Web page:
Friday, May 11, 2007

International Nurses Migration

International Nurse Migration

Issue being addressed: International nurse migration as a solution to nursing shortages

Background of Issue:

International recruitment and nurse migration--- moving from one country to another in search of employment are increasingly being seen as solutions to nursing shortages. Historically, nurse migration has been mostly opportunistic or based on individual motivation and contacts (Buchan, 2001). During the past decade, however, active large scale planned international recruitment has occurred with developed countries recruiting nurses from both other developed countries and developing countries (Huston, 2006). In addition, developing countries are recruiting from each other, even within the same geographic region (International Council of Nurses [ICN], 2002). As a result, foreign- educated health professionals represent more than a quarter of the medical and nursing workforces of Australia, Canada, the United Kingdom, and the United States (Oulton, 2004).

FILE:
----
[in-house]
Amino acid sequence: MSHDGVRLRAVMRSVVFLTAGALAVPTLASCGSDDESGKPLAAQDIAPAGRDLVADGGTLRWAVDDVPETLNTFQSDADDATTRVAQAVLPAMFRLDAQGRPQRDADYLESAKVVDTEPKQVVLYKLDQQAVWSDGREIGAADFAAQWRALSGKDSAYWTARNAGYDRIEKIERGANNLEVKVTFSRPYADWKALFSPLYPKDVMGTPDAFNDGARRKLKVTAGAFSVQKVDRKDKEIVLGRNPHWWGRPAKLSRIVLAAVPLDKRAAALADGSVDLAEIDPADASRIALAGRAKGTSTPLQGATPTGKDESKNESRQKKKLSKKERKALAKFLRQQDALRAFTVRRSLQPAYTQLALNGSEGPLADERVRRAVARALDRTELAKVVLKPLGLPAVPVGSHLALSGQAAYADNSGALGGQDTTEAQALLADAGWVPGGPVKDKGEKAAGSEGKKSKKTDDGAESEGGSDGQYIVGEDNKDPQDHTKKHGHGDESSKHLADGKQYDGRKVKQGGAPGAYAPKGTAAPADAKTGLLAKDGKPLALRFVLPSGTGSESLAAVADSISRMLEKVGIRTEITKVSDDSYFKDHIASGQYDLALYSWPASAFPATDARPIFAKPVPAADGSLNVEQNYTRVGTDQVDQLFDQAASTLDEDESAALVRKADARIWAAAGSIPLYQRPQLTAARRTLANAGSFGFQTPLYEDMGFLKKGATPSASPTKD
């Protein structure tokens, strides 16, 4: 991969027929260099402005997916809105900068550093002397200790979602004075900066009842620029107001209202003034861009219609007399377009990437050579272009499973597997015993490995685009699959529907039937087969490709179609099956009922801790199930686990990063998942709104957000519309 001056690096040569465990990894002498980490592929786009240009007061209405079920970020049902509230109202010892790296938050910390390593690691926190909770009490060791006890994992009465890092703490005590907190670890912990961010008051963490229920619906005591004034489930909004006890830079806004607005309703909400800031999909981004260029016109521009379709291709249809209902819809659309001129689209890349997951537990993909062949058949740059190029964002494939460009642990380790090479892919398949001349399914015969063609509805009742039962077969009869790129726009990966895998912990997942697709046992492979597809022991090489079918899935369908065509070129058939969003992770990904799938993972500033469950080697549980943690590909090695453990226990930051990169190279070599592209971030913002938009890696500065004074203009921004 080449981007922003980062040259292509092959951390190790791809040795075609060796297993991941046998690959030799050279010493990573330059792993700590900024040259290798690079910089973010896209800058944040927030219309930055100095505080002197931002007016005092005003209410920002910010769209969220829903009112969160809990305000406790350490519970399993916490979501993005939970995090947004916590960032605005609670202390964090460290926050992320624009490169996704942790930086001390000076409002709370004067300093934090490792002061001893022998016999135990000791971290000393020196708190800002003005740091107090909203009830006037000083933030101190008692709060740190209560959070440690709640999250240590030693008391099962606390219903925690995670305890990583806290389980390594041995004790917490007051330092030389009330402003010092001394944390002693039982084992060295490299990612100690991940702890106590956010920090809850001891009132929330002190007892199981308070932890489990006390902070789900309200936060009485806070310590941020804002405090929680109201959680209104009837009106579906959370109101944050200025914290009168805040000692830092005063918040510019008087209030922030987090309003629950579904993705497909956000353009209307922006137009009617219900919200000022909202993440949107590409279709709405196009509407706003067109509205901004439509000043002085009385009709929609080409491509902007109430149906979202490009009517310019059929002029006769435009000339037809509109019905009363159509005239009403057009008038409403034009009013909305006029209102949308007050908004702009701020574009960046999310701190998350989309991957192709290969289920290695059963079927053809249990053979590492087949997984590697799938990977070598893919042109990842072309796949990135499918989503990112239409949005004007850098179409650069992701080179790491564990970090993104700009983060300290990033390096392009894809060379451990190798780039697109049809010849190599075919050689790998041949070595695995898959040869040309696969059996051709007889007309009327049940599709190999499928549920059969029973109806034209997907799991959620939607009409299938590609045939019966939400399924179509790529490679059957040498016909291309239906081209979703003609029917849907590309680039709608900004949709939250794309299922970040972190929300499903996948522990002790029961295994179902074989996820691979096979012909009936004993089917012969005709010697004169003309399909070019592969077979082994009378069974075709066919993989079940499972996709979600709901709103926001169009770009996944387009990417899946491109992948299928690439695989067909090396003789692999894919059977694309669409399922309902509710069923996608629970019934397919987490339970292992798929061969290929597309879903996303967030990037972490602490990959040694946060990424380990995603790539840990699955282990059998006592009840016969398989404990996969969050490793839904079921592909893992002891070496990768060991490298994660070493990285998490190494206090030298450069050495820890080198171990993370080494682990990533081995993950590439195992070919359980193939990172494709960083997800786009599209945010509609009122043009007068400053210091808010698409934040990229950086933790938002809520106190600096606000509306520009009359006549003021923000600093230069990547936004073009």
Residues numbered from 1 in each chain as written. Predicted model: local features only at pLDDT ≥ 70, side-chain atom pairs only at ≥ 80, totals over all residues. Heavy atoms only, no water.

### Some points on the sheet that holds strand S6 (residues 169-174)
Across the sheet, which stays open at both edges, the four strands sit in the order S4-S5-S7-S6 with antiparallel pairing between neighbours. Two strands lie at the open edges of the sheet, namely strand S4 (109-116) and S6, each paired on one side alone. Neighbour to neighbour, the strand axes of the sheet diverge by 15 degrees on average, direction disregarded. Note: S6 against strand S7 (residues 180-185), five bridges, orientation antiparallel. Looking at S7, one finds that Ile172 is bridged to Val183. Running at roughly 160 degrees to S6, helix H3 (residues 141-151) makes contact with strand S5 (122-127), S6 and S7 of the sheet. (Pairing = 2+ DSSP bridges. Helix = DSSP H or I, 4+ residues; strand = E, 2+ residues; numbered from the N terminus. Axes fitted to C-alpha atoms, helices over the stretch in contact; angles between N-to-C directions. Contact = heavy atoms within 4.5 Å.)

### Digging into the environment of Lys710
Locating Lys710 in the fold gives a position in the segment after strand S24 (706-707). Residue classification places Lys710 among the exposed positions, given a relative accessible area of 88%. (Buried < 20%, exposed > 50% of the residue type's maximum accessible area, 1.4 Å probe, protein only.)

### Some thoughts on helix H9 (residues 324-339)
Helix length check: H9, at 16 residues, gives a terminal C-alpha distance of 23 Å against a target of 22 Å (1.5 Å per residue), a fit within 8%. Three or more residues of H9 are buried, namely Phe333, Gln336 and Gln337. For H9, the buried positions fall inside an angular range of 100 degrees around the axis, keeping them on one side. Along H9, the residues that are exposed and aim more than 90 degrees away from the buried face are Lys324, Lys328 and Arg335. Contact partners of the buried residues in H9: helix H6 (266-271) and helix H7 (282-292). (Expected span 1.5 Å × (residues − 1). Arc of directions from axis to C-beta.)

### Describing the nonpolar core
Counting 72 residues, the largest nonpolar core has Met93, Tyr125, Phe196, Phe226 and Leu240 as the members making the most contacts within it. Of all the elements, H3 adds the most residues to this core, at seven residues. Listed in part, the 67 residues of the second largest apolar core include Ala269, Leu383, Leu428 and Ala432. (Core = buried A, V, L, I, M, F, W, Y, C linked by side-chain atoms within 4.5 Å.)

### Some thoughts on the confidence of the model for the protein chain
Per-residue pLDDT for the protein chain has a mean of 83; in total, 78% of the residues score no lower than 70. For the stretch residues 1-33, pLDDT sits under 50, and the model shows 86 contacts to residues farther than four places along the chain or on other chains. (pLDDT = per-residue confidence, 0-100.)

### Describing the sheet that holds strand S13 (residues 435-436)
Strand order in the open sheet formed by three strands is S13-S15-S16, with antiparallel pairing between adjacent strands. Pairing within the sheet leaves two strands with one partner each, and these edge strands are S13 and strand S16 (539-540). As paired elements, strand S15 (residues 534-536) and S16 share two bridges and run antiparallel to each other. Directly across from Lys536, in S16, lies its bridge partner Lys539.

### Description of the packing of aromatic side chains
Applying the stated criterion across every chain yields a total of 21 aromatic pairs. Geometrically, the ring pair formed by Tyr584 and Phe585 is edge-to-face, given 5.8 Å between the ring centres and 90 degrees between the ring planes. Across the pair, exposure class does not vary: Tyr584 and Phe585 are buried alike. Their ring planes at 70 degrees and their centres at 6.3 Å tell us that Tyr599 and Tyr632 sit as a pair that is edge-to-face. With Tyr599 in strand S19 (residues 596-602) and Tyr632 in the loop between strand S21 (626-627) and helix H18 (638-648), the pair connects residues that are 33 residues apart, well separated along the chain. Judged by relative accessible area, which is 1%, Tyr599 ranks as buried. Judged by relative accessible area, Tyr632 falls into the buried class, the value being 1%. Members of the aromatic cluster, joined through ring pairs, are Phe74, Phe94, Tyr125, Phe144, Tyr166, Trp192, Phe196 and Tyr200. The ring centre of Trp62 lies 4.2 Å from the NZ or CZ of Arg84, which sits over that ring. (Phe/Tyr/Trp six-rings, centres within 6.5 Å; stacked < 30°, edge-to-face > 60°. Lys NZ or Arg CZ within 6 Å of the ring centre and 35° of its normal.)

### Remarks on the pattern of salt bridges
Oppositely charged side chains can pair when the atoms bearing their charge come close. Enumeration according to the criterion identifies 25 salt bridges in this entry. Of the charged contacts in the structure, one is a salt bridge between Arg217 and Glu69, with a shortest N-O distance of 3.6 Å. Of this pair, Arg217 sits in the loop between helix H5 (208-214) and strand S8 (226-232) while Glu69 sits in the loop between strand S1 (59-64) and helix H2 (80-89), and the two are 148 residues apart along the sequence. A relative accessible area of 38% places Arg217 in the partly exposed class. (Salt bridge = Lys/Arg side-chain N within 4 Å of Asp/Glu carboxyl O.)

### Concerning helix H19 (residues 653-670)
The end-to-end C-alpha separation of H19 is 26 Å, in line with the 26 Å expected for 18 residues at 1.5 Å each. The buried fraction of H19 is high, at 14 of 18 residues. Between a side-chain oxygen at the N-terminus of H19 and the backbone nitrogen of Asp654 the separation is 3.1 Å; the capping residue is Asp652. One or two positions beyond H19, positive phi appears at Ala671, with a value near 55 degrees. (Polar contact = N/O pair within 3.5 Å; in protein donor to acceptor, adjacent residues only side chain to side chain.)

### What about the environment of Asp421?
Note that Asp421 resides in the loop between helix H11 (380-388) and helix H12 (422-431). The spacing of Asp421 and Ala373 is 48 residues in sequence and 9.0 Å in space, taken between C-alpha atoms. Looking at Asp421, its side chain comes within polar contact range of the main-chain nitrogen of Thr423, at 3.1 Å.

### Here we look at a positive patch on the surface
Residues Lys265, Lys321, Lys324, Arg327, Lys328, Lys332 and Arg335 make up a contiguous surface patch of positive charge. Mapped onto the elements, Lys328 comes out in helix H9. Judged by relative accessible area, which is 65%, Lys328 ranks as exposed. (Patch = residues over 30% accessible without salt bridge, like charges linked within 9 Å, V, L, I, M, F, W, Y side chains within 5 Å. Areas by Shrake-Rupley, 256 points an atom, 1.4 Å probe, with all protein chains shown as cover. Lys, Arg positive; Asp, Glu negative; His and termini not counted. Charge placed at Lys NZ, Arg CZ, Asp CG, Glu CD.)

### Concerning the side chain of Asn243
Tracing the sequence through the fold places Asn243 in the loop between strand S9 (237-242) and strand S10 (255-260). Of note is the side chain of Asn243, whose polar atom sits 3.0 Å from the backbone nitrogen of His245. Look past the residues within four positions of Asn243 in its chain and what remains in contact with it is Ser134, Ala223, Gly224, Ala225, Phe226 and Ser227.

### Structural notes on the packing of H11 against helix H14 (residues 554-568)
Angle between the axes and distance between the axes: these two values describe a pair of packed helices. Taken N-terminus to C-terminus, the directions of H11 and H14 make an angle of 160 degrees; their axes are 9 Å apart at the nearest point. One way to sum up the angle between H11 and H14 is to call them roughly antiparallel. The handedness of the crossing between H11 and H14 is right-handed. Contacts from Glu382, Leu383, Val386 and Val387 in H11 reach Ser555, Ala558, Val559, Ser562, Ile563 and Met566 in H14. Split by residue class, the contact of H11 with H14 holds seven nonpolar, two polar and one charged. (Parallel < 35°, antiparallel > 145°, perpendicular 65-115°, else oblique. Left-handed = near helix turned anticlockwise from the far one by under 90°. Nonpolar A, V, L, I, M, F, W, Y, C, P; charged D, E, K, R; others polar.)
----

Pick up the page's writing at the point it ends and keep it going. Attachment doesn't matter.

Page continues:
This nurse migration has occurred primarily as a result of push/pull factors. Push factors are those things that push or drive a nurse to want to leave their country to go to another. Push factors identified by Awases, Gbary, & Chatora (2003) include economic factors (unsatisfactory remuneration), institutional factors (lack of proper work facilities and equipment), professional factors (lack of career development options) and political factors (socio-political instability).

Pull factors are those things that draw the nurse toward a different country. Pull factors encouraging nurse migration include opportunities for professional development, aspirations for a better quality of life, personal safety, improved pay and learning opportunities (Kingma, 2001; Buchan, 2001).